In recent years, retailers have become all too familiar with industry peers experiencing massive cyber incidents and the financial (and reputation) repercussions that come along with those incidents. In fact, retailers have seen a record 1,093 data breaches last year–up 40% year over year.
For many cybercriminals, retailers are the golden prize because of the wealth of customer information stored on their networks. With all sorts of new types of data being collected such as shopping habits and purchasing patterns, the sensitivity of information is something retailers have never possessed before and data criminals are interested. Typical retail cybercrime involves hijacking credit card account data, however, criminals are now equally as interested in acquiring personal data like names, mailing addresses, phone numbers and email addresses.
Here are numerical examples of the cybersecurity risks facing retailers today:
- $172 – The average cost of a data breach per record — for instance, one compromised credit cardfor the retail industry in 2016.
- 15 million– The number of identity fraud victims in the U.S. in 2016.
- 19%– The percentage of shoppers who say they would stop shopping at a retailer that falls victim to cyber hackers, even if the company takes steps to fix the situation.
- 5,925– The number of e-commerce websites infected with malware by the end of October 2016.
What’s the solution?
While the stats can be scary, there are things that retailers can do to combat cyber attacks and keep their information safe.
1. The right employee(s:) New security innovations are designed to protect retailers’ data and clients’ privacy all the time. However, every year cyber criminals get smarter and their attacks more ruthless as they keep up with the new security trends. Therefore, building a more secure retail business begins with smart personnel decisions hiring the right people who understand the constantly changing landscape and how to make the organization as safe as possible.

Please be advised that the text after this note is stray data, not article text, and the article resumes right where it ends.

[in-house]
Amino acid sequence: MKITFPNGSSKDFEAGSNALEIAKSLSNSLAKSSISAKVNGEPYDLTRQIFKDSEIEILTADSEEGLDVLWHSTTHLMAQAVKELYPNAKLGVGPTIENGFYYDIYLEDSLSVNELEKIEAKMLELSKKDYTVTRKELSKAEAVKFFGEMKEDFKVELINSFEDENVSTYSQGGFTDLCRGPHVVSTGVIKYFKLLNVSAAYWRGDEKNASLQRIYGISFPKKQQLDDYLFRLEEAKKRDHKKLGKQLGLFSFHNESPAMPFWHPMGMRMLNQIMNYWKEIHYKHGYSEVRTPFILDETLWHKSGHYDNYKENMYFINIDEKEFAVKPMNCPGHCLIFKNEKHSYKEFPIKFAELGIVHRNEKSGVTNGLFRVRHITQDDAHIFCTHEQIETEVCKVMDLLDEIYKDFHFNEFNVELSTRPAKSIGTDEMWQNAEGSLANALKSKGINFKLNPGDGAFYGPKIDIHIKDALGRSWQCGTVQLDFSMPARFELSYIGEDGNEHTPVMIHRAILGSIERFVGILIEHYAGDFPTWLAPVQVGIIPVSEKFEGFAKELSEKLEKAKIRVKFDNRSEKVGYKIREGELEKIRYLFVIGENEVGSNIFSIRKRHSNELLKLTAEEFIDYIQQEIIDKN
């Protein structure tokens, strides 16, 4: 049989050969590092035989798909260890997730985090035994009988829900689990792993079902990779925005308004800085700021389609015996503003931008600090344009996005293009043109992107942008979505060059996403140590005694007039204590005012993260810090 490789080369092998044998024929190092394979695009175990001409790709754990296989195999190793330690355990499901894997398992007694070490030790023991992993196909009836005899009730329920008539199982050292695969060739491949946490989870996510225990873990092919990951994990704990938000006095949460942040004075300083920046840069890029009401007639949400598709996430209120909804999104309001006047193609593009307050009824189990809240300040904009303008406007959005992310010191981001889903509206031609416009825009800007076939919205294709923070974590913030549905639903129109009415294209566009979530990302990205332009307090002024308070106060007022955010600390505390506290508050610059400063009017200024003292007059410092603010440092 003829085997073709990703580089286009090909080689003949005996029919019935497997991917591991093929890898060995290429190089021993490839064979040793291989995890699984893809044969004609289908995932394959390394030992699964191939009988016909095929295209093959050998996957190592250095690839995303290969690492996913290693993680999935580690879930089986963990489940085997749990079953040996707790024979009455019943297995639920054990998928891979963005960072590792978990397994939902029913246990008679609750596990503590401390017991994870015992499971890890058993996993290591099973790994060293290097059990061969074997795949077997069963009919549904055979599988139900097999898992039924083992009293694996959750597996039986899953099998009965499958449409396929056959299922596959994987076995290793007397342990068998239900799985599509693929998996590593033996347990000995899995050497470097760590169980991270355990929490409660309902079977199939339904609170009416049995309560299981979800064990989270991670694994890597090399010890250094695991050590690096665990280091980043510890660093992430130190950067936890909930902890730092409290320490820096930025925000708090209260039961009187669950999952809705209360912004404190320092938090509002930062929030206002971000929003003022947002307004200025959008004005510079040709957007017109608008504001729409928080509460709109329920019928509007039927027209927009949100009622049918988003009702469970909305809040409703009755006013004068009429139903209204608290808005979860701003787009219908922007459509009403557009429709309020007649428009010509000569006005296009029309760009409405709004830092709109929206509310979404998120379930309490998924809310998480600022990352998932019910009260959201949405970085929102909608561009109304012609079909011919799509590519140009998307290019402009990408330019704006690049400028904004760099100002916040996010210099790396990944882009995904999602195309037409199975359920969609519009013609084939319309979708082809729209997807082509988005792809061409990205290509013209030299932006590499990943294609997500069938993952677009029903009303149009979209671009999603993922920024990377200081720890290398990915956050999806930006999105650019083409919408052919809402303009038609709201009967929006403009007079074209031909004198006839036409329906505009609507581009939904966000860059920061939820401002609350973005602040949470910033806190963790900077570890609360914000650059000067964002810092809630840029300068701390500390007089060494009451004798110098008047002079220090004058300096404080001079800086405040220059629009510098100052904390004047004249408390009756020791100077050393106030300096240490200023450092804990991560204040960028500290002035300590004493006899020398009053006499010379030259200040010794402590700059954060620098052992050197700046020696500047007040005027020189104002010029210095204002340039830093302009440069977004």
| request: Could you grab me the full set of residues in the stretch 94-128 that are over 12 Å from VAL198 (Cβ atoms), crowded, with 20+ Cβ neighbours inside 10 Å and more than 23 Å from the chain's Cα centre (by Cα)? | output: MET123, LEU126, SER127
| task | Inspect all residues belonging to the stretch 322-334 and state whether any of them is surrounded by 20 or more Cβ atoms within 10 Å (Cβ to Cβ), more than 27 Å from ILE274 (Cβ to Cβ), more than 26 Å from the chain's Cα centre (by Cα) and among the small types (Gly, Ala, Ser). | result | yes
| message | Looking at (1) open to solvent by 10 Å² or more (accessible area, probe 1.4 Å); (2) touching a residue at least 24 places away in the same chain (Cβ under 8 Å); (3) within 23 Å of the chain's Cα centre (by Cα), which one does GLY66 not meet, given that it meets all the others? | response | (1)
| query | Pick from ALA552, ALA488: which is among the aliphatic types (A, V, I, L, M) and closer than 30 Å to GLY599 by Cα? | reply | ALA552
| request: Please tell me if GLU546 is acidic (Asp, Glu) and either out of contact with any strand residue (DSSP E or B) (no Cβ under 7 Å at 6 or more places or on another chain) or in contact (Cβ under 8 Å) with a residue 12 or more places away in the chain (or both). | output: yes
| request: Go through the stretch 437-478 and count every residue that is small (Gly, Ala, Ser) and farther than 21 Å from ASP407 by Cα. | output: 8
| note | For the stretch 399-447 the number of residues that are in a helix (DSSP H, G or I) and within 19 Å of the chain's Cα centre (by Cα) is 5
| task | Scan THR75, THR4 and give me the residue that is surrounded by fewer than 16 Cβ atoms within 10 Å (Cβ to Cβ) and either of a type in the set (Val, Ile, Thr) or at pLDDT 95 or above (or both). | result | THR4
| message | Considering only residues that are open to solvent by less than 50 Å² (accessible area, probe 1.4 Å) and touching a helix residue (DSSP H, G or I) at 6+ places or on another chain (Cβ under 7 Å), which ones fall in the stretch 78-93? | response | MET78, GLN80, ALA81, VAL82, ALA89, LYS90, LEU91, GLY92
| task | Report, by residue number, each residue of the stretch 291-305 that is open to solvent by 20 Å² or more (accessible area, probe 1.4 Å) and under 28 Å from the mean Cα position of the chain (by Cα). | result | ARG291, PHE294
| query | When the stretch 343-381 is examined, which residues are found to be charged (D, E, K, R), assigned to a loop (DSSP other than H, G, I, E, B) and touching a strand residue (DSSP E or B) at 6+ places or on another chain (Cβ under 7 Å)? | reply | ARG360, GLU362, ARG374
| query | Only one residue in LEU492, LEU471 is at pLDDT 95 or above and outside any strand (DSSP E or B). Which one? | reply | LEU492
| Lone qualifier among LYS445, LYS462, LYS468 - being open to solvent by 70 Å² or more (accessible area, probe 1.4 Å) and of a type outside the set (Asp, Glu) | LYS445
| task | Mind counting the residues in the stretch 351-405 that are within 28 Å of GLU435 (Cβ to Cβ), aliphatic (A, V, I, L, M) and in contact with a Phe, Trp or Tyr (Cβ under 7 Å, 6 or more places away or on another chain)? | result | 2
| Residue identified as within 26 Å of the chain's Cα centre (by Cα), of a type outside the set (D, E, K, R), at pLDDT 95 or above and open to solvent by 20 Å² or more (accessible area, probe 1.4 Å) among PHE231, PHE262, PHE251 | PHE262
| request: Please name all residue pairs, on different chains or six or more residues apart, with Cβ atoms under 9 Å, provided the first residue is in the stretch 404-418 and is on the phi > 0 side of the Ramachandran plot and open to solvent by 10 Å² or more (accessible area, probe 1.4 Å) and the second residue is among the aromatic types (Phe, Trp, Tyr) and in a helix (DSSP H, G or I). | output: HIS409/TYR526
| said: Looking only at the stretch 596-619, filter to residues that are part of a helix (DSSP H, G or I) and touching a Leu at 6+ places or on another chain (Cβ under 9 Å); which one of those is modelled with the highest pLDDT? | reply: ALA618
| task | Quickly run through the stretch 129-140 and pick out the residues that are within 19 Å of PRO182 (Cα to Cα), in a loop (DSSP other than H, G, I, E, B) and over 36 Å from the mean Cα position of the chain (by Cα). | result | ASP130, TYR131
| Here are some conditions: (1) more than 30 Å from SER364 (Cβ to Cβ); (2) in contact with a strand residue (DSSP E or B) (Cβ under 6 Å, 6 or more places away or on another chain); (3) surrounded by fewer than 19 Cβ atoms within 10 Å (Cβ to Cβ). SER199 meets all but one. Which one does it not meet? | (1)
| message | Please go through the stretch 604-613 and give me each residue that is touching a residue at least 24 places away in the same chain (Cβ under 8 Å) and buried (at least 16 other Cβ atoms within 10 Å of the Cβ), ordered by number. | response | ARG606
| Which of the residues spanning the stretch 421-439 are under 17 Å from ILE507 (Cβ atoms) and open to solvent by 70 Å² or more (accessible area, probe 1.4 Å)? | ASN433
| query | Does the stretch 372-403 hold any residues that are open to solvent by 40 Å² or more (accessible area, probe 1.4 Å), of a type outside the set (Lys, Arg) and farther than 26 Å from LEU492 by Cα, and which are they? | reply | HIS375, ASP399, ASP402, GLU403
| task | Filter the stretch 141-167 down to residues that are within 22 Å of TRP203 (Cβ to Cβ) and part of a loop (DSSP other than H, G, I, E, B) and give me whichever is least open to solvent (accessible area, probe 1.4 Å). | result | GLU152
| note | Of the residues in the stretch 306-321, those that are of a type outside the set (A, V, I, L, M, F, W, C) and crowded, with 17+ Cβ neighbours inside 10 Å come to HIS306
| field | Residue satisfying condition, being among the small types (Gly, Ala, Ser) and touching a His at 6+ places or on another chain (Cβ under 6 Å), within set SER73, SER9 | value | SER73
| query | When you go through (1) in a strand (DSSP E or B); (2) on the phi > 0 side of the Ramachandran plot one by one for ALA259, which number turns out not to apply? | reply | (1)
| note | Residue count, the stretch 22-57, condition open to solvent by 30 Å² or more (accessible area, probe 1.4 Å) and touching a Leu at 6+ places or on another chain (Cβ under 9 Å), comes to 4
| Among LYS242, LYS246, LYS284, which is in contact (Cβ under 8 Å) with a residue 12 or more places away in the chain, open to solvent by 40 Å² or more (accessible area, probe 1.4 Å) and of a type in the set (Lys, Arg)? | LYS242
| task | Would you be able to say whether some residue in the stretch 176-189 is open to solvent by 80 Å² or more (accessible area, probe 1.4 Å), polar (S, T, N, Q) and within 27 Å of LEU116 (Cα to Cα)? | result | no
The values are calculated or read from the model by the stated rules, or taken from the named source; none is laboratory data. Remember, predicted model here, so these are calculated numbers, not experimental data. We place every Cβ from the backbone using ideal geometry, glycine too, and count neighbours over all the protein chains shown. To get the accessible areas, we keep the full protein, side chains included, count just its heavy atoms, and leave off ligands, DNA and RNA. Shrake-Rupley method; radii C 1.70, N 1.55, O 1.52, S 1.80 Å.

2. The right framework: Retailers should set in place the right sustainable frameworks for data governance and security, crisis management procedures and IT architecture, which all combine to achieve a successful security system.
3. The right security: Securing payment technologies available to consumers through every channel and across every location, country or region is vital. Additionally, implementing analytics-based security tools for incoming data and each network connection, including those of suppliers, contractors and vendors also is a key step into make the process more secure.
In the end, examining and tightening measures in these areas will result in a holistic and comprehensive security model. Additionally, understanding where your organization is most vulnerable and having a plan in case your organization is hacked is also extremely important and a smart way to stay ahead in the retail industry.